It wasn’t until Monday night that perhaps the biggest name at this year’s PSL made his season debut, but Jason Roy made it worth the wait. In an all-time T20 classic, the England opener blazed 116 off 57 balls in what was virtually a one-man chase of a target in excess of 200. By the time he had fallen, the Quetta Gladiators needed just 38 in 26 balls against Lahore Qalandars.

James Vince and Mohammad Nawaz knocked those off with three balls to spare, and a game that had looked like Lahore Qalandars’ at the halfway mark when they set 204 was wrenched out of their hands.

Roy made clear he meant business immediately and, in pursuit of an enormous target, that was precisely what the Gladiators needed. The cleanliness of the ball-striking was sensational, and the dazzling array of strokes he unleashed breathtaking. It might have been one of those YouTube compilations that try and capture a player in their most flattering light, but in this case, all of those strokes were coming in the same innings. A six and two fours off Shaheen Afridi in the first over signalled his intentions, and seven boundaries and three sixes off just his first 19 balls helped bring up a 20-ball half-century inside four overs. Ahsan Ali at the other end, with the best seat in the house, had faced just two balls till then, for one run.

And Roy kept going. Even Rashid Khan, brought on to stem the bleeding, wasn’t spared, swept for six off his third delivery. He barely noticed when Ahsan Ali fell, or indeed that James Vince was at the other end, for Roy was batting at a level no one else had access to. Zaman Khan, Lahore hero the other night, was the whipping boy when Roy brought up his hundred with two devastating pick-ups over cow corner, the milestone coming in just 49 balls.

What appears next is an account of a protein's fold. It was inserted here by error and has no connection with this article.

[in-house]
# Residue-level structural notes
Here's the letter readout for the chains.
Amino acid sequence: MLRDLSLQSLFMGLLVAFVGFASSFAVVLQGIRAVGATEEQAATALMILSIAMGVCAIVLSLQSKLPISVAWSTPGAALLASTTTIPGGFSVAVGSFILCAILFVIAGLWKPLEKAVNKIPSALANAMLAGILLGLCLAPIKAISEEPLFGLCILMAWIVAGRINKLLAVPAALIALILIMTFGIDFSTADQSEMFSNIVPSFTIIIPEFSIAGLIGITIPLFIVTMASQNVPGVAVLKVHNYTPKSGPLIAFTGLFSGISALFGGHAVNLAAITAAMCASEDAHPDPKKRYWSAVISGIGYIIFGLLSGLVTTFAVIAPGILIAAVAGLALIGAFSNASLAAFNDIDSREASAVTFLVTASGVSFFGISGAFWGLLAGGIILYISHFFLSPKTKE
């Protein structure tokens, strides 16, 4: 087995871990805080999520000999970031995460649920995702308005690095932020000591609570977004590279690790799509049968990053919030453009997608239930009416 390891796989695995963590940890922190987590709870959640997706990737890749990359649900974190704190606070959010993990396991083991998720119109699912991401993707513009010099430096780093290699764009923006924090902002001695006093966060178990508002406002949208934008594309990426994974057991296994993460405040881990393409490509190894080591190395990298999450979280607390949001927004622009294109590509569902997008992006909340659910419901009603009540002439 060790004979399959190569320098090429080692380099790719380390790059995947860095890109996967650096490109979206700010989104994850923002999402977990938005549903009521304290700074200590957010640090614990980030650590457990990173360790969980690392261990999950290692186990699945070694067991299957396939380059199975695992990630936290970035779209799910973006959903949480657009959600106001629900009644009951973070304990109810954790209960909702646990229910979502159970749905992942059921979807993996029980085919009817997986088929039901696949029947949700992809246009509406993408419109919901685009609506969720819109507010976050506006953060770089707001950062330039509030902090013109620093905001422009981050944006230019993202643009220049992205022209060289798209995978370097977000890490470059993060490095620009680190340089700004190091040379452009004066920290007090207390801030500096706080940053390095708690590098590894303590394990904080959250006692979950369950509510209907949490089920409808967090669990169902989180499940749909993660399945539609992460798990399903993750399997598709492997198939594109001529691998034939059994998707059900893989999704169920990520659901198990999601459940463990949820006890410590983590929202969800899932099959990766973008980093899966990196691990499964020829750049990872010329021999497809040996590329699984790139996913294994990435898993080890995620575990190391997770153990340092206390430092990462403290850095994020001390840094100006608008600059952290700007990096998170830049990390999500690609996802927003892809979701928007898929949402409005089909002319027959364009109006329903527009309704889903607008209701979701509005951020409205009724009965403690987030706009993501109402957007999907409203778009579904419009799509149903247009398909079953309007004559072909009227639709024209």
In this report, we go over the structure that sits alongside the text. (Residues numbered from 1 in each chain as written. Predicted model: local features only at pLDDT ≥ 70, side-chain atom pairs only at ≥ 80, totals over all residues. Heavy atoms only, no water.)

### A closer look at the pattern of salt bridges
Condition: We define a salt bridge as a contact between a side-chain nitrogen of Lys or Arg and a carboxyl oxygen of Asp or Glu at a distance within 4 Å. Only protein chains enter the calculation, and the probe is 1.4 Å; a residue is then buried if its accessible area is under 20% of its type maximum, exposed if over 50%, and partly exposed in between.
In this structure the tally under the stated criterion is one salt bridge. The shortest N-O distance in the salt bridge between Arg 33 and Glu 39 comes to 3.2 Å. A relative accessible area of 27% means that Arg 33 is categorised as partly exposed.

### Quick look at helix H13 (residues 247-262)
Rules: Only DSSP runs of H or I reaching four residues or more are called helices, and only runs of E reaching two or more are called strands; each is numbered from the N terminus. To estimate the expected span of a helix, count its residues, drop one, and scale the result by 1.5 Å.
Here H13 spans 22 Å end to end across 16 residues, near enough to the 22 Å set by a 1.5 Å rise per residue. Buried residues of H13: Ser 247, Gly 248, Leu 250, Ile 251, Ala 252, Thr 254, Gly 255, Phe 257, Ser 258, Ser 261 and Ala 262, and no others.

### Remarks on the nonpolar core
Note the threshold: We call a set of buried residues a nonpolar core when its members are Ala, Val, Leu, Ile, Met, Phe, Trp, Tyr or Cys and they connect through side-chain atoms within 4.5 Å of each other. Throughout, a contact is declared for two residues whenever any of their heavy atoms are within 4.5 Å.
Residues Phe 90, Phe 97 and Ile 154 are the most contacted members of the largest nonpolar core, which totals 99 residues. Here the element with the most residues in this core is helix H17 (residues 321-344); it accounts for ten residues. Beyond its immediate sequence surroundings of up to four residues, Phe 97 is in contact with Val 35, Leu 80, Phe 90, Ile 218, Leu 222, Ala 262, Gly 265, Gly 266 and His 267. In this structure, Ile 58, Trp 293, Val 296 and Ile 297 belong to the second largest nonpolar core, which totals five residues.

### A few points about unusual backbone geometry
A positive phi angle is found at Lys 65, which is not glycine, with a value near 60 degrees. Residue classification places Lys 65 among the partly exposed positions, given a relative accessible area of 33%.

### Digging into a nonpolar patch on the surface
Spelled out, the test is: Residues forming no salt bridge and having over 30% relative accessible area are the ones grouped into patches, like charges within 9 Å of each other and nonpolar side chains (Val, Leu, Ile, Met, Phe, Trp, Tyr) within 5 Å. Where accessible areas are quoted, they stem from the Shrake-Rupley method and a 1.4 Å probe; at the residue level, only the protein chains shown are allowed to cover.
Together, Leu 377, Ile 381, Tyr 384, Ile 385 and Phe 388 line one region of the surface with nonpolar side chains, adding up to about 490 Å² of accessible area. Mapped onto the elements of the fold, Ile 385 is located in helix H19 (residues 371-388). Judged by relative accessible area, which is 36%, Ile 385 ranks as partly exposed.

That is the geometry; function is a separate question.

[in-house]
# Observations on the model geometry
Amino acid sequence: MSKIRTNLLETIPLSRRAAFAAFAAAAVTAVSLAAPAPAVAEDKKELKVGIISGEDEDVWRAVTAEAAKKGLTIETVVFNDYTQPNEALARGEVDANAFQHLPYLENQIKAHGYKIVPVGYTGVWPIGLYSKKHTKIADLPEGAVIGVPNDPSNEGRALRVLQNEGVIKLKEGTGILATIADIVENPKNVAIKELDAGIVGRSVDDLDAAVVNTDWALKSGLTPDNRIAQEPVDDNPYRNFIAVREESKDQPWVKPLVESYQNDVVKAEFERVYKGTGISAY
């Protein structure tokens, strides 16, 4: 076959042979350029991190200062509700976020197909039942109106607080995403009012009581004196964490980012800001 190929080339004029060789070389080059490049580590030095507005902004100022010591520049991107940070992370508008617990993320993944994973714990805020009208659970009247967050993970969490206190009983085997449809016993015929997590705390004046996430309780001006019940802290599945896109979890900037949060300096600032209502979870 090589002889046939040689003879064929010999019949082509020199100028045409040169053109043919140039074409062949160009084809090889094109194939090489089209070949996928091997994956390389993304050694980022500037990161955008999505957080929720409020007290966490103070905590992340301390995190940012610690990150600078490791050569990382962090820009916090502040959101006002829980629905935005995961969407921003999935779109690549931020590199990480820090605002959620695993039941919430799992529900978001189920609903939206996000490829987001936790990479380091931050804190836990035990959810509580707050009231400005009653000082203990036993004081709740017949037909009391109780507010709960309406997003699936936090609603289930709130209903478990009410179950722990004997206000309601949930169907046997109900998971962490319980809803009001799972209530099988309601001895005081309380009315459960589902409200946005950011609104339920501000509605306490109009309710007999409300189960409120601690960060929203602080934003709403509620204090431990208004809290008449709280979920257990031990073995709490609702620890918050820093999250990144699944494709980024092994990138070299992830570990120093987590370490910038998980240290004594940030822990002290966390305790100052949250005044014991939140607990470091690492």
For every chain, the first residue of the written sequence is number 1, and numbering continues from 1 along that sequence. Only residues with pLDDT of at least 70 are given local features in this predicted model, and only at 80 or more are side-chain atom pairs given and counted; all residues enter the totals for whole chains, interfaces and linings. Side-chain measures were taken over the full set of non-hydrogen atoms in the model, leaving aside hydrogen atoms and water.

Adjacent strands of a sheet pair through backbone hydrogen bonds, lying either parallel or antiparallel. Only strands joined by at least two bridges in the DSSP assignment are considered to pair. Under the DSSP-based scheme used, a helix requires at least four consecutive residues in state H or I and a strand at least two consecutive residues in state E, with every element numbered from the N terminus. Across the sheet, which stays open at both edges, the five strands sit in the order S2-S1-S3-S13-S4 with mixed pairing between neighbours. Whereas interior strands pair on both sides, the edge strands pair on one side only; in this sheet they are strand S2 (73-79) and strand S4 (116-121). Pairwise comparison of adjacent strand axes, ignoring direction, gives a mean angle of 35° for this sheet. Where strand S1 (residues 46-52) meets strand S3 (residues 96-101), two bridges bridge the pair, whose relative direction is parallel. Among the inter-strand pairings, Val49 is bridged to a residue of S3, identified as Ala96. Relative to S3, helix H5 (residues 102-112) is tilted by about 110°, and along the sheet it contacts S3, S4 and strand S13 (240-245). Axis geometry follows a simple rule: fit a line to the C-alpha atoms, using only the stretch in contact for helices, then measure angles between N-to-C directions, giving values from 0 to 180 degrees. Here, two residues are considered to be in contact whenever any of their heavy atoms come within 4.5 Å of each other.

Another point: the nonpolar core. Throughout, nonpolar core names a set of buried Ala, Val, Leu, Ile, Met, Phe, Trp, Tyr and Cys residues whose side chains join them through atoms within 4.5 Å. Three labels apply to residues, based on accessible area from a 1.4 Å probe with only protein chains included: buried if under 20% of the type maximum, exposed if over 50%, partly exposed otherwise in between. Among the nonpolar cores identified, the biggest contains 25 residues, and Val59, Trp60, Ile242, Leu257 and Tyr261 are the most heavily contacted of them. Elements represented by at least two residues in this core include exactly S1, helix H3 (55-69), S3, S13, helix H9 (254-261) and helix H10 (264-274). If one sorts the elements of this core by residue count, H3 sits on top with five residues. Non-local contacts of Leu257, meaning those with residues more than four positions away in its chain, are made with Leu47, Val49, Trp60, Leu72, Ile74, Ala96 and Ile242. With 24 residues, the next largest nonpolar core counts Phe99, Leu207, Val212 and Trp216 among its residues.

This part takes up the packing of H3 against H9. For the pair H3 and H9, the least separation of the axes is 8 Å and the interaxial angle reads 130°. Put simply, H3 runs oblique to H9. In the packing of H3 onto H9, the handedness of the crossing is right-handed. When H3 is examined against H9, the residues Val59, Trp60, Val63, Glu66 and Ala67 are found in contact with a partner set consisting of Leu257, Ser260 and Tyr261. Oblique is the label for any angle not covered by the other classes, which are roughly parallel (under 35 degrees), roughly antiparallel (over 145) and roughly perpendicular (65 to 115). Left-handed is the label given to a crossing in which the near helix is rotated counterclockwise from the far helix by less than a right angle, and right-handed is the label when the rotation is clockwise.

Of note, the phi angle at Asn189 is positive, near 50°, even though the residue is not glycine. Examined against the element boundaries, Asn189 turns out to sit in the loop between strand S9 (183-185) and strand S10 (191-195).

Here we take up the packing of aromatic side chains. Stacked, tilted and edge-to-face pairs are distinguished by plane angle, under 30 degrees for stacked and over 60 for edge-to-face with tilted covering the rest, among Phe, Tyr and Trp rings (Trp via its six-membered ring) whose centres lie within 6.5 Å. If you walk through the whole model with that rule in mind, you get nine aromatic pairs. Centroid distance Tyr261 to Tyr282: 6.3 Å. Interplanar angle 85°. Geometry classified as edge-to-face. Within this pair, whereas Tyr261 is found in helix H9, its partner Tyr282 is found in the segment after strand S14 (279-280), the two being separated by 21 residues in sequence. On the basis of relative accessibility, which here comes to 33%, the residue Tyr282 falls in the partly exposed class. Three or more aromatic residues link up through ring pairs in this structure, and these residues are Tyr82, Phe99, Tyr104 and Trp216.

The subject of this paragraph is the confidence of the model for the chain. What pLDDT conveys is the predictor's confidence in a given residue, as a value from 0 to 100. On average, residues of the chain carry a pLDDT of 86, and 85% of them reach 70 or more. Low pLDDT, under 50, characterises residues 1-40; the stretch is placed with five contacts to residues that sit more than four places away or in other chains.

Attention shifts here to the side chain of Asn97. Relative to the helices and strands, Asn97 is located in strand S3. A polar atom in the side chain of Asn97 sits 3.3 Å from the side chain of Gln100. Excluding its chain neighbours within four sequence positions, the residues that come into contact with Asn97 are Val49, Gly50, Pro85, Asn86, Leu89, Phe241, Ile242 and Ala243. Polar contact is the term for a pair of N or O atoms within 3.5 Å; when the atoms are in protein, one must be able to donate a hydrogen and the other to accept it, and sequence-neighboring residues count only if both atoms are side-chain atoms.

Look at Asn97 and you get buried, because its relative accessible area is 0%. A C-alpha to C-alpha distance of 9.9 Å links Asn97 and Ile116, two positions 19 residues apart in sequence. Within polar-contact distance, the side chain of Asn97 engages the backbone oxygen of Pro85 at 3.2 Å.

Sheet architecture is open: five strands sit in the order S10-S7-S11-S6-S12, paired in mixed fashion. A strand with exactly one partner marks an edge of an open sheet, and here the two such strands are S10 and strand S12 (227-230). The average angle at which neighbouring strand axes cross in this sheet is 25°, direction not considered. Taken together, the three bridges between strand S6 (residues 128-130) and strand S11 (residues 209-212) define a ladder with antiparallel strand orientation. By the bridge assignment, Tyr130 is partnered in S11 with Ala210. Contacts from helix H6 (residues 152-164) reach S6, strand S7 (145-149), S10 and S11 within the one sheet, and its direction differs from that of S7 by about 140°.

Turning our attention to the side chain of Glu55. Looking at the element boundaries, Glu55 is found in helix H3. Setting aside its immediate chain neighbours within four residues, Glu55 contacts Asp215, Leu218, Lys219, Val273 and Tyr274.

After he finally fell scooping one to short-fine leg off David Weise, the Qalandars sniffed a comeback, but simply too much damage had been done to roll back. Mohammad Nawaz and Vince picked up the odd boundary whenever they needed one, and despite a tight 18th over by Afridi, the Gladiators had margin for error. A classy drive over extra cover for six from Nawaz brought up the remarkable win and, predictably, it was Roy everyone went to congratulate first.

All of that utterly overshadowed a first innings where the Qalandars managed a superb rearguard after a scratchy first half to post 204. Fakhar Zaman held the innings together up front without quite breaking away like he has the tendency to, but much of the top five weren’t able to have anywhere near the same impact. Naseem Shah, Luke Wood and Ghulam Mudassar kept the batters on a leash, and when Phil Salt fell, the Qalandars were 124 for 5 with just 5.3 overs left.

A bit of acceleration from Fakhar brought up a 45-ball 70, but the real fireworks for his side would come in the form of a sixth-wicket stand between Wiese and Harry Brook. The last 20 balls went for 55 runs, 24 of them in one devastating Luke Wood 19th over, setting the Qalandars up for a total they hadn’t looked like getting near for much of the innings.

At that stage it appeared as if the trend of sides defending scores was destined to continue, and against most sides it might well have done. But on a humid Karachi night lit up by an Englishman’s brilliance, that streak would come to an end in sizzling style.


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